I noticed that one of your favorite stories is the one of the incredible reunion after the Holocaust. I was also amazed by this story and had heard it told at a retreat one time. I hate to be the bearer of bad news, but the other day, on Dec 28th, it came out in the media that the story was made up. I can’t remember which paper I read it in but if you do a quick google search you will find numerous articles about the latest details.

    I look forward to reading your blog in the coming year and I plan to follow your advice and take my new year’s resolutions to Adoration.


  6. Judy

    I am really enjoying your posts – you are in my reader! Due to your suggestion I am now trying to pray the Office of Readings.

    Just FYI: re:#8 – it was revealed this week that the story is untrue and that the couple duped their editor, publisher and Oprah. They are Holocaust survivors – but did not meet as they claim.

    I hope you have a wonderful 2009.

    God Bless, Judy

  7. Adoro

    FYI ~ Are you aware that the Holocaust story you linked to was fabricated? They made it up and have admitted to it. 🙁 I loved that story, too.

  8. Eli's Lids

    Found your blog while blog hopping. Wow! I can’t wait to read all of these links. I think my hubby will enjoy them too, so I’ll wait till tonight. Thanks!!

  9. Bender

    I don’t have a list of individual “best blog posts,” but I frequently find that Conversion Diary gives me something to think about.

    Now, I’ve not read any of the posts on this list, but a word of caution about Ted Bundy:
    Ted Bundy was a psychopathic, narcassistic, manipulative liar. Porn is a bad thing, but porn did not cause Bundy to be a monster. Ted Bundy caused Ted Bundy to be a monster.

    His deflecting his own personal responsibility is perfectly consistent with being a psychopathic, narcassistic, manipulative liar. (Even though he says, “I’m not blaming pornography. I’m not saying it caused me to go out and do certain things,” that is exactly what he goes on to do in a Manichaeistic fashion.) And his telling Dobson, et al. what they want to hear is equally consistent with being a psychopathic, narcassistic, manipulative liar.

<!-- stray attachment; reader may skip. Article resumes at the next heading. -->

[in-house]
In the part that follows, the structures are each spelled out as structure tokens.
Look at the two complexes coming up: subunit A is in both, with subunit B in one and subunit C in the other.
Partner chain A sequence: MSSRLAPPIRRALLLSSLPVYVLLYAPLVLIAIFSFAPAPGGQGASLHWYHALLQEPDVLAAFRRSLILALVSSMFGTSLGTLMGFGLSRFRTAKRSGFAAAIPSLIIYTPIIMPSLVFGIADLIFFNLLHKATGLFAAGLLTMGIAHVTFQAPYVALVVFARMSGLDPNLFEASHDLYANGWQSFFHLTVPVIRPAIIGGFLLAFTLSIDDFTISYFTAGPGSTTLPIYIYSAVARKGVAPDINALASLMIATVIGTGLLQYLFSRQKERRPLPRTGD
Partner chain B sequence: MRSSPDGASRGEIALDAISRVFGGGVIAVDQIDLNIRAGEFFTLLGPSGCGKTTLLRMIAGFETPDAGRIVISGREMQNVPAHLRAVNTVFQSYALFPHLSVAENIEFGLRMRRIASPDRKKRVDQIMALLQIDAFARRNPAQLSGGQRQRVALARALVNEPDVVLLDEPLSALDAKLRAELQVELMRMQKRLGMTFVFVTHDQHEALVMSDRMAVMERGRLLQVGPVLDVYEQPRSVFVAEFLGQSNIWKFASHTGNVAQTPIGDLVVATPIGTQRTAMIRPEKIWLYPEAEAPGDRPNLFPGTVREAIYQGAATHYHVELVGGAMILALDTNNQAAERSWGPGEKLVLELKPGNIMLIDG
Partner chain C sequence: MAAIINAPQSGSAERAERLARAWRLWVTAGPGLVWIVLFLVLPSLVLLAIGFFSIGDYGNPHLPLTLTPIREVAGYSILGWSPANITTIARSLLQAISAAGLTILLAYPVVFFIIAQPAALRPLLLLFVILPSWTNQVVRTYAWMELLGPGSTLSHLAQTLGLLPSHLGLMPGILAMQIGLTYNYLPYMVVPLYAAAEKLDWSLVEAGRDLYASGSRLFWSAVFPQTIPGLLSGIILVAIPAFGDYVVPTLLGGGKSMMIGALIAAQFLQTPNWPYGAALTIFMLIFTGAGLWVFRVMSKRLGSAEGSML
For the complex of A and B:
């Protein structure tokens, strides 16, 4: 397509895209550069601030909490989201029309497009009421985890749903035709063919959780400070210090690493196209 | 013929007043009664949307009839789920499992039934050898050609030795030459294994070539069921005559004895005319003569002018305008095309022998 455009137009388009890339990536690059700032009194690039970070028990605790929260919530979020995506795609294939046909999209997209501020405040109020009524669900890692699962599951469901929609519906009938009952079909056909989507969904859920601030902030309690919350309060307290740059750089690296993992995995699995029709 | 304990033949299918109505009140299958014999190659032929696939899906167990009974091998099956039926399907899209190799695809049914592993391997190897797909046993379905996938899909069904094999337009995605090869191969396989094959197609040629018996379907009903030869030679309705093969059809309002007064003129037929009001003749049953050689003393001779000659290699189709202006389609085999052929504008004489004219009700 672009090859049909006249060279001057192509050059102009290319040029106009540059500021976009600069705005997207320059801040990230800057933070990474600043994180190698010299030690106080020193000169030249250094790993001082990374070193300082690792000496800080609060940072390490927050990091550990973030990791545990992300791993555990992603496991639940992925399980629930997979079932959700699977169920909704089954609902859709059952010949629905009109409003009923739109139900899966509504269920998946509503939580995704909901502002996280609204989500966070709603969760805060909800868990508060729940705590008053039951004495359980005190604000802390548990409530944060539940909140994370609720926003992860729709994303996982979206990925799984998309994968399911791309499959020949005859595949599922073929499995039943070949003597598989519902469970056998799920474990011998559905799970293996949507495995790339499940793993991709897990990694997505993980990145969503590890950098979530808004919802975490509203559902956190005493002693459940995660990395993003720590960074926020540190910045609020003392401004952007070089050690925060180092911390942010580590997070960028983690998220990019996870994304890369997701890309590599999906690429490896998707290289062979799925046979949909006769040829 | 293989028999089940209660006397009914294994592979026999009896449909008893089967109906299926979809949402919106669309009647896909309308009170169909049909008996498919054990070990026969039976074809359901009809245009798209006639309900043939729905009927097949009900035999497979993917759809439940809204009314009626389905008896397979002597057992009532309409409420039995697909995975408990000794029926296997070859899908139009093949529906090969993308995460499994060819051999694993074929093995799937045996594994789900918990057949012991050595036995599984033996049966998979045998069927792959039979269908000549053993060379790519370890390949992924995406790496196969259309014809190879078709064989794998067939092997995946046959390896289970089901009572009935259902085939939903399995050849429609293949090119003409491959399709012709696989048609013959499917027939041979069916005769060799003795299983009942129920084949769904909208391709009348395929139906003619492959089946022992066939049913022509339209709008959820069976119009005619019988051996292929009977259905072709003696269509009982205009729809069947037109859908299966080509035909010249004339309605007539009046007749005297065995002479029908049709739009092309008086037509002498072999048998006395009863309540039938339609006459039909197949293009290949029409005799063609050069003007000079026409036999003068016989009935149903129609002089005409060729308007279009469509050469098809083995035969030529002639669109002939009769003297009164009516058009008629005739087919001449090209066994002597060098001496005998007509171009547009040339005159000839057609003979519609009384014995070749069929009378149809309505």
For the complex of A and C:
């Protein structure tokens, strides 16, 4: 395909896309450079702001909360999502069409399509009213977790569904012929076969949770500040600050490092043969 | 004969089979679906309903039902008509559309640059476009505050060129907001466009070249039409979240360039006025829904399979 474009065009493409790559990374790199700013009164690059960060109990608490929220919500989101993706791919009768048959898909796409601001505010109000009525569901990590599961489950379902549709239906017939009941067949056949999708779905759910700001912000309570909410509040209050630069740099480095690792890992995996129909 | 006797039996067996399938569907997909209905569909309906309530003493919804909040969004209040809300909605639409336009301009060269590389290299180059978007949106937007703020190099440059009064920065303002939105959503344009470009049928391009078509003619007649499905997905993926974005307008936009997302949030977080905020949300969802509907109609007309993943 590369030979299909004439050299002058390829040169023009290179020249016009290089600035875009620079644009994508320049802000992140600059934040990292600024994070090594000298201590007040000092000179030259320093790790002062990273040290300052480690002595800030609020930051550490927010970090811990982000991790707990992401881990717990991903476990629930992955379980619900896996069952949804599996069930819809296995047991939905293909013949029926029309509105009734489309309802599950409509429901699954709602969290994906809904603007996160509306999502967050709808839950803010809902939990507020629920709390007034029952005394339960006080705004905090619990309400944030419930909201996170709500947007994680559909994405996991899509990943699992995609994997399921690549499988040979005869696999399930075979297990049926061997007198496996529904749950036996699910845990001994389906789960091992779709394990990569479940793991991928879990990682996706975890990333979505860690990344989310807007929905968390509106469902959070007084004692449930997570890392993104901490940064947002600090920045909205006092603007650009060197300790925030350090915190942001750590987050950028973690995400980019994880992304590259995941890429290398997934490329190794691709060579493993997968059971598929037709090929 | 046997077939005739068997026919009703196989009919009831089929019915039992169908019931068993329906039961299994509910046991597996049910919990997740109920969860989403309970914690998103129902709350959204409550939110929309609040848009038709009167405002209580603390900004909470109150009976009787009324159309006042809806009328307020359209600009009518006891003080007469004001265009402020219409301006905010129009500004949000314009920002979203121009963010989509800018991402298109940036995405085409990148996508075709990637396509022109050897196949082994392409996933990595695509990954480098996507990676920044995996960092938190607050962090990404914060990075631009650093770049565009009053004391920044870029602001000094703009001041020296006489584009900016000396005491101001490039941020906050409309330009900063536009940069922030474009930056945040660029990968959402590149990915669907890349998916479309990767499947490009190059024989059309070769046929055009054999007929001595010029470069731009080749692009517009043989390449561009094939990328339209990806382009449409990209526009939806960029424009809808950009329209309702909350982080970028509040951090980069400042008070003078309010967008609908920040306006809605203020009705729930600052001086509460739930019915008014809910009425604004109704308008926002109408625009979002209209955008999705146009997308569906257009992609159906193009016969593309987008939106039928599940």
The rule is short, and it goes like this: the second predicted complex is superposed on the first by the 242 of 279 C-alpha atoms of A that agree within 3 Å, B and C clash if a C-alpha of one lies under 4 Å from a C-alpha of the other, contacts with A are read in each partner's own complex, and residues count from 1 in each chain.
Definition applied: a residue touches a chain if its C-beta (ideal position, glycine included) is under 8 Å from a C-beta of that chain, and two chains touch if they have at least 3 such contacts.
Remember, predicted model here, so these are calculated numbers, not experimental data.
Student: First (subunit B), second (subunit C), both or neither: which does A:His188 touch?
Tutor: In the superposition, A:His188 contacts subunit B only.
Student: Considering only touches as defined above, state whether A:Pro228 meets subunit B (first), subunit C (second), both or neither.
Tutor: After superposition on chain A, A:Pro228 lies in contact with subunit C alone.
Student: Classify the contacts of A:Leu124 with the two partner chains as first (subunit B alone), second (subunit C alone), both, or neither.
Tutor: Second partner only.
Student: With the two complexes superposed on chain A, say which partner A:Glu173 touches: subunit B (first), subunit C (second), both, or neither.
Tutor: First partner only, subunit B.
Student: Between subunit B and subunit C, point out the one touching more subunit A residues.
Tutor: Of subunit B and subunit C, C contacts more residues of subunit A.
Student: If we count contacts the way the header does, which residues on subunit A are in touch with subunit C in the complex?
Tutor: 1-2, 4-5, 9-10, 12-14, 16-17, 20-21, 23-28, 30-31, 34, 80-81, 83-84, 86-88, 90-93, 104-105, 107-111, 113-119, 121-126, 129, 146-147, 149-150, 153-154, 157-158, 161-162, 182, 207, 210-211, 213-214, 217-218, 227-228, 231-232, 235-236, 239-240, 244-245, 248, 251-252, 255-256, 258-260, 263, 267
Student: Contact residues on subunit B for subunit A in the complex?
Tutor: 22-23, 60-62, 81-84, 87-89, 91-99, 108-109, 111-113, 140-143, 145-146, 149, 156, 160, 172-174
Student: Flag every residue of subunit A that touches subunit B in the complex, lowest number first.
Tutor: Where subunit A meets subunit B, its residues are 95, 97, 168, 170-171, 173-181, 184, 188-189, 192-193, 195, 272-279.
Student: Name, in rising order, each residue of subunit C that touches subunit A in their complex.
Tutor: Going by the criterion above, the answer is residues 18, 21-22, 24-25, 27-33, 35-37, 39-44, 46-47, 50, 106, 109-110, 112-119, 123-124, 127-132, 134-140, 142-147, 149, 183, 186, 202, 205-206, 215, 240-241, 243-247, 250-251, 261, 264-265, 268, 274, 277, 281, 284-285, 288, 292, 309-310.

Again, porn is bad. Porn is very bad. But it is far more extensive and readily available today, including disgustingly grotesque and violent porn, and yet we have not had an explosion of Bundyesque serial killings. It was not the evil of porn that made Bundy a monster. It was Bundy who chose all by himself to be a psychopathic monster, and was thereby readily attracted to psychopathic violent porn.

    That, and the fact that Bundy was a master manipulator should caution anyone into gaining any insights from his own self-serving words.

  10. Ken & Carol

    Almost every author I really like has been devoured once I’d read one of their works. And often some of the authors that the original mentioned, and so on. So I will check out your list of ’08 blog posts. Thanks for the tips.

    Word verification: “anani” Is that one of those people you hire to take care of your kids if you can afford it?

  11. Kristen J

    Thanks, Jen, for a great year of blog posts and these cool links! I often mention/link your blog to others; you have a real gift for analysis and writing — and a similar family life to mine.

    Happy Christmas Season and New Year to you and yours!

  12. Lauren

    Thanks for sharing these links! I really enjoyed “the philosopher mom” and I find that I am totally falling in love with Peter Kreeft’s writing lately, so the interview with him was great.

  13. Douchemaster

    Jesus is like a drug for simple minded fools, but you seem to have overdosed on the christology. Seek help soon.

  14. Scribbit

    Thanks so much for including me–I’m glad you liked the post!

  15. Anonymous

    All Catholics (like me) who complain about the shortcomings of a celebrant of a Mass, or s choir or a liturgy, need to read Tolkien on the Eucharist. He helped me let go of all those preoccupations and focus on the miraculous gift of Jesus in the Eucharist. The truth has set me free. Thanks Judy

  16. Tres Angelas

    “Jesus is like a drug for simple minded fools.” Hey, there’s an original thought.

    No, wait, Karl Marx said pretty much the same thing about religion in 1843: “It is the opium of the people. The abolition of religion as the illusory happiness of the people is required for their real happiness.”

    Mm-hmm, as clearly demonstrated by all the happy people who thrived under Marxist dictatorships in the Soviet Union, Red China, North Korea, Cambodia, Ethiopia, Mozambique, Angola, Cuba… Well, you get the idea.

    Of course, why I’m responding to a, um, gentleman calling himself “Douchemaster” is beyond me. I’ll stop now.